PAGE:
Cardinals news from a Sabermetric point of view

What kind of manager will Mike Matheny be?

Kevin Reynolds of Deckacards recently posed the question in the United Cardinal Bloggers roundtable: “With TLR, Dunc, and Jocketty no longer in place, and Mo, Matheny, and Lilly in control…and Pujols out of the picture…how do you see the identity of this club changing this season and over the next 5-10 years?” Kevin went on to clarify to “Consider Mo’s interest in growing prospects rather than purchasing veterans (like Jocketty), Mo’s interest in database inclusion, Matheny’s defensive prowess as a player, Matheny’s training under TLR, etc.”

First, we think that projecting anything for Matheny beyond his two-year contract presumes a lot. Second, it might be starting with a false premise to say that John Mozeliak has interest in growing prospects rather than purchasing veterans. We would argue that his approach isn’t altogether different from Jocketty’s: Consider that in the last three seasons, he has traded only young for old (acquiring the likes of Ryan Theriot and Pedro Feliz, and signed several veterans (Kyle Lohse, Jake Westbrook, Matt Holliday, Lance Berkman, Carlos Beltran, Rafael Furcal).

Given that Mozeliak hired Matheny with no managerial experience and that Tony La Russa advocated for him, it’s difficult to imagine that Matheny will break free of the mold set for him. Not that that’s a bad thing, but we’re not sure that we’ll see anything novel in either the team’s approach to player development or game management.

Other than those facts, Matheny is a fairly blank slate. After all, he’s never managed in professional baseball, so all we have to go on is claims about him (such as TLR’s that he would trust Matheny with his daughter) and his own words. In particular, he has said that he’ll rely on instincts honed from his playing days: “I believe I owe this organization to be myself. I’m not here to try and clone Tony or any other manager or coach, but I believe I’m a collection of all the above.”

So with that in mind, let’s review some quotes that Matheny made and that were made about him during his playing days:

“The pitching aspect is where I get the most enjoyment in this game.” — Matheny, SF Gate

Given Matheny’s insights into the pitching game, the Cardinals may yet compensate for the absence of Dave Duncan (a fellow former catcher, we might add). Matheny very well may function as an extra pitching coach, which will add some interest to mound visits. Whereas La Russa generally visited in order to change pitchers, Matheny’s purpose might also be to talk pitching.

“It’s just a position I kind of picture like an interior lineman, one of the things where you know at the end of the day you contributed to the win, and that is satisfaction enough.” –Matheny, SF Gate

If we can draw anything from this, it may be that Matheny has a proper sense of place with respect to being manager. Matheny’s predecessor had a way of overshadowing by overmanaging; perhaps Matheny will be content to help contribute to wins by not having to “star” in them.

Jason Christiansen, a Cardinal in parts of 2000 and 2001, said Matheny is a force in the clubhouse, too. Christiansen recalled a feud he had with La Russa that got so bad they would not shake hands on the field after Christiansen saved some games. “Mike came in and grabbed me by my jersey after the game and darn near threw me into my locker and said, ‘You need to talk to him right now and straighten this out. If we’re going to be a ballclub we all have to get along, ‘ and he darn near pushed me into Tony’s office. We got things straightened out.” — SF Gate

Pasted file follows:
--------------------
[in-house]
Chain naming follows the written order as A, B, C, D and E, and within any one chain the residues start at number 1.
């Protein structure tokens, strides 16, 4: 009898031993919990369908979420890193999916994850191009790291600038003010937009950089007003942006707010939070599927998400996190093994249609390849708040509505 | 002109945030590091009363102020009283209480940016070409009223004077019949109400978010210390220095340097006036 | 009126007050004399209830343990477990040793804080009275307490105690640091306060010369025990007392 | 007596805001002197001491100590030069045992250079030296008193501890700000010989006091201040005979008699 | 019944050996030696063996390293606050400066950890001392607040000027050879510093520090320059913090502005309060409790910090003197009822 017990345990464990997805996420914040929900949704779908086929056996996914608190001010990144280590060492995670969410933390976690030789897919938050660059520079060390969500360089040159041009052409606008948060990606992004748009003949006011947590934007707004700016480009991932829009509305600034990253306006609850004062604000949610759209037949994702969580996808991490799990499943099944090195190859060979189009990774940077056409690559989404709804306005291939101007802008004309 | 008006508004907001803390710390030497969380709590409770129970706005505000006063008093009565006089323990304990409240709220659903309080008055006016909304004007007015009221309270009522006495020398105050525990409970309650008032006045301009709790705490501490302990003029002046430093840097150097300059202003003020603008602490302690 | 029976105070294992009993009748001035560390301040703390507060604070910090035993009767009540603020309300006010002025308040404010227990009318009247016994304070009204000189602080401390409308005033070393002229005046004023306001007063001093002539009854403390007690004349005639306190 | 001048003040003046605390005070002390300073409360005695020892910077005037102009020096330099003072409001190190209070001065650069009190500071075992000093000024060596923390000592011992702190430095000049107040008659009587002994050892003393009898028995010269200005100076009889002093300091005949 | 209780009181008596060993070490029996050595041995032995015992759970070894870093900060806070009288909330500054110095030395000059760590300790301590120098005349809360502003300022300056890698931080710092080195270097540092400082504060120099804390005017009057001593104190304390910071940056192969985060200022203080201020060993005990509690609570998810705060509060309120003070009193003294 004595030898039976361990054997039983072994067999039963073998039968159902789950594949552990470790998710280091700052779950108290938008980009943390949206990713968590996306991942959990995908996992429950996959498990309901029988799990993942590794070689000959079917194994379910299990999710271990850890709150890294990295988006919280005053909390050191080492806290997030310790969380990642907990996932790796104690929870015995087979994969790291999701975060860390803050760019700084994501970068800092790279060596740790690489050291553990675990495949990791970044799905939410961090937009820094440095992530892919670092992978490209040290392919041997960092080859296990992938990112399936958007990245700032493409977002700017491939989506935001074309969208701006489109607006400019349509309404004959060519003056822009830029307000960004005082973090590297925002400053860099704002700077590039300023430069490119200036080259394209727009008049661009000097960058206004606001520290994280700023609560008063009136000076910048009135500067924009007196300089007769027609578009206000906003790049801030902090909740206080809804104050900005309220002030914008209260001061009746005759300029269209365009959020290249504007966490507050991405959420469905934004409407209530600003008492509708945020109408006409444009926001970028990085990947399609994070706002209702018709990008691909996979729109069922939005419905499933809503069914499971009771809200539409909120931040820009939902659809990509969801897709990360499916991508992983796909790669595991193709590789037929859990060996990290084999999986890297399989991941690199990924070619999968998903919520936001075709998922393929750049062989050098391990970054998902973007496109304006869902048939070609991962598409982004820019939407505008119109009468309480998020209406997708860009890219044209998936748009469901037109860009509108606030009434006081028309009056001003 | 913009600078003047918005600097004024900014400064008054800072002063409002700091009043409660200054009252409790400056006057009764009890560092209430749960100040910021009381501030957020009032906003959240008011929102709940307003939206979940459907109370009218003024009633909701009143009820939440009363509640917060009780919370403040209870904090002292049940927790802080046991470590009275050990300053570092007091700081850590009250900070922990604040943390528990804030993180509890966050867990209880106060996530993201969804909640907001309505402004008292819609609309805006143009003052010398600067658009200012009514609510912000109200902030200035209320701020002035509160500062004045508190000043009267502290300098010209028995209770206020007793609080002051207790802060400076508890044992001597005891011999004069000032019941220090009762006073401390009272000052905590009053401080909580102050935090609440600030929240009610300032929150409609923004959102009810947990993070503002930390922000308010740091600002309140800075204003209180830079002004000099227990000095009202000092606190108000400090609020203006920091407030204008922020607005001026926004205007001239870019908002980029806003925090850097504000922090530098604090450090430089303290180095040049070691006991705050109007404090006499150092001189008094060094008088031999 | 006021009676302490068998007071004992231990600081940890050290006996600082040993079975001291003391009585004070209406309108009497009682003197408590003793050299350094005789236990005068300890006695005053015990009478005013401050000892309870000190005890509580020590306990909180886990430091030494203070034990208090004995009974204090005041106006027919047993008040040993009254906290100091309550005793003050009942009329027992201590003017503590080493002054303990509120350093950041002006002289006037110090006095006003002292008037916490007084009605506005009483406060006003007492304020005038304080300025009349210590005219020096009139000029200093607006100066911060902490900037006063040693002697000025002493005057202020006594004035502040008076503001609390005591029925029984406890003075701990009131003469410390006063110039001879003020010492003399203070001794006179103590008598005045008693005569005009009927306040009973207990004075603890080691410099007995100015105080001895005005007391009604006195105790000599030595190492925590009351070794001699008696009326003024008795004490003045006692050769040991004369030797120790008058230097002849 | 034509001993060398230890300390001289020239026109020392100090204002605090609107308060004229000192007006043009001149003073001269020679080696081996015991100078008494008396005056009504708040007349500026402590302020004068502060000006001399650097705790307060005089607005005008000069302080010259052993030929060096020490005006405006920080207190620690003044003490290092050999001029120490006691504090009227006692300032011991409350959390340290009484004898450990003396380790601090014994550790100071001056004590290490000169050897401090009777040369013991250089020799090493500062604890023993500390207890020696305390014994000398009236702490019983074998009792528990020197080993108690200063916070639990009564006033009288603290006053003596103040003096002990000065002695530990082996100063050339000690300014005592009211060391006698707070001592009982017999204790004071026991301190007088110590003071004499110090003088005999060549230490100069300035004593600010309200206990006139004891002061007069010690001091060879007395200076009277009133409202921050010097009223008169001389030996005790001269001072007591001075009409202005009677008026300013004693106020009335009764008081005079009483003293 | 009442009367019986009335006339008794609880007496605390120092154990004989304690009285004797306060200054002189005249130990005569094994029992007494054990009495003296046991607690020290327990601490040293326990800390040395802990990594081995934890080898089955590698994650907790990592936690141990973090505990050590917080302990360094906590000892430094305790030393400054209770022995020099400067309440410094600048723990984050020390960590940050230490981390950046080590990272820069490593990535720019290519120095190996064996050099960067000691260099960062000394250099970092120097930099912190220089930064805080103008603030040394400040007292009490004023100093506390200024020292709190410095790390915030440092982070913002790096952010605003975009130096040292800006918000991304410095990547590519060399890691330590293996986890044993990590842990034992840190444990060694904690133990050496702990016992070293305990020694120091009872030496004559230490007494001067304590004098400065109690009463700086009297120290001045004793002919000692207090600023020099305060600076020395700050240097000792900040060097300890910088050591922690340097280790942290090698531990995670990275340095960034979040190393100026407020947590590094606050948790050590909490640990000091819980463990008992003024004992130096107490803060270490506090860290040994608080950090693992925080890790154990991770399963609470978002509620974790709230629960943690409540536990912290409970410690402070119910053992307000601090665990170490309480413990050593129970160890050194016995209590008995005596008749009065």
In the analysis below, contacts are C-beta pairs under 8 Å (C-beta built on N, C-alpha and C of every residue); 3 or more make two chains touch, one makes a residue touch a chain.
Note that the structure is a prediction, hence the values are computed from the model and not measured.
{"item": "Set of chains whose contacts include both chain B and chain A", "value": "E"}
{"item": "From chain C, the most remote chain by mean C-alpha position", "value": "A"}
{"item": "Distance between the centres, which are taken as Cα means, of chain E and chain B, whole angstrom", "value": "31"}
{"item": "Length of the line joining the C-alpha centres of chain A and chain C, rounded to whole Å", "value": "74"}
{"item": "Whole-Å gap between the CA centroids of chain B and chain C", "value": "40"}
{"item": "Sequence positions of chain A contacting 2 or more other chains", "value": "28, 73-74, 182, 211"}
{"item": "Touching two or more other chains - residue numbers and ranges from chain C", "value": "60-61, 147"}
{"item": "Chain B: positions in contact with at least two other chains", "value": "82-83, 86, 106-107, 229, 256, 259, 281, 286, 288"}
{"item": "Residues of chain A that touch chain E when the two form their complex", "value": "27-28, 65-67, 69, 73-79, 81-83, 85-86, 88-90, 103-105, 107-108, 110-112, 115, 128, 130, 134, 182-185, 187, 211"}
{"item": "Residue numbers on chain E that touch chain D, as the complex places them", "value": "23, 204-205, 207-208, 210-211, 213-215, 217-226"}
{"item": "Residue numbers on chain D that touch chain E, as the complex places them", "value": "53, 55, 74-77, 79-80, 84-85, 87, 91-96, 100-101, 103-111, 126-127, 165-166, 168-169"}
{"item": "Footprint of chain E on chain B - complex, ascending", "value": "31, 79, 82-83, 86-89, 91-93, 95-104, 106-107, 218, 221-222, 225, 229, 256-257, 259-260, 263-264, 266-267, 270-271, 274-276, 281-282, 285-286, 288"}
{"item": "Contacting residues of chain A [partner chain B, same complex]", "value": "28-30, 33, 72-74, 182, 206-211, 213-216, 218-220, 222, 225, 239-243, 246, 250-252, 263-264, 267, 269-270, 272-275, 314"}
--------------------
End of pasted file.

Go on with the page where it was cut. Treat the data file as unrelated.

“There’s a better atmosphere in here,” he said. “A big part of this year was Mo (Moises Alou) calling us out last year. We had 25 guys in here, and as soon as the game was over you had 25 guys going in 25 different directions. Last year it was like every man for himself, and that’s a recipe for disaster.” –Matheny, SF Gate

Christiansen’s anecdote speaks volumes about the, er, hands-on approach that Matheny is capable of. It’s clear that he has had at least a couple of different experiences of clubhouse dysfunction, so it’s reassuring that he seems to take a proactive approach to it, as opposed to a passive-aggressive approach that TLR occasionally took.

Yet he seems to lack discernment when it comes to being in touch with the reality of the game. Consider his comments about Mark McGwire after McGwire’s House committee testimony in 2005.

“He’s someone I admire, and I think every guy in uniform needs to be grateful for what he did for baseball, helping rejuvenate it after the (1994-95) strike. Sammy as well,” Matheny said. “He served as an icon for the game, an ambassador. He brought the fans back, and I have a lot of respect for him.” — SF Gate

To be fair, we’d like to hear whether Matheny has an updated view of McGwire and the use of PEDs in baseball. Otherwise, he appears to be dreadfully similar to TLR in either his cluelessness or disingenuousness regarding an important issue of integrity of the game.

One of the fascinating storylines of the upcoming season will be Matheny’s development and emergence as a manager. As we recall, Tony La Russa didn’t blaze any trails in his first managing gig. And before it was all said and done, he mixed some novelty with outmoded conventionality. Our guess is that Matheny won’t rock the boat his first year, but he just may be a pitching coach in disguise.

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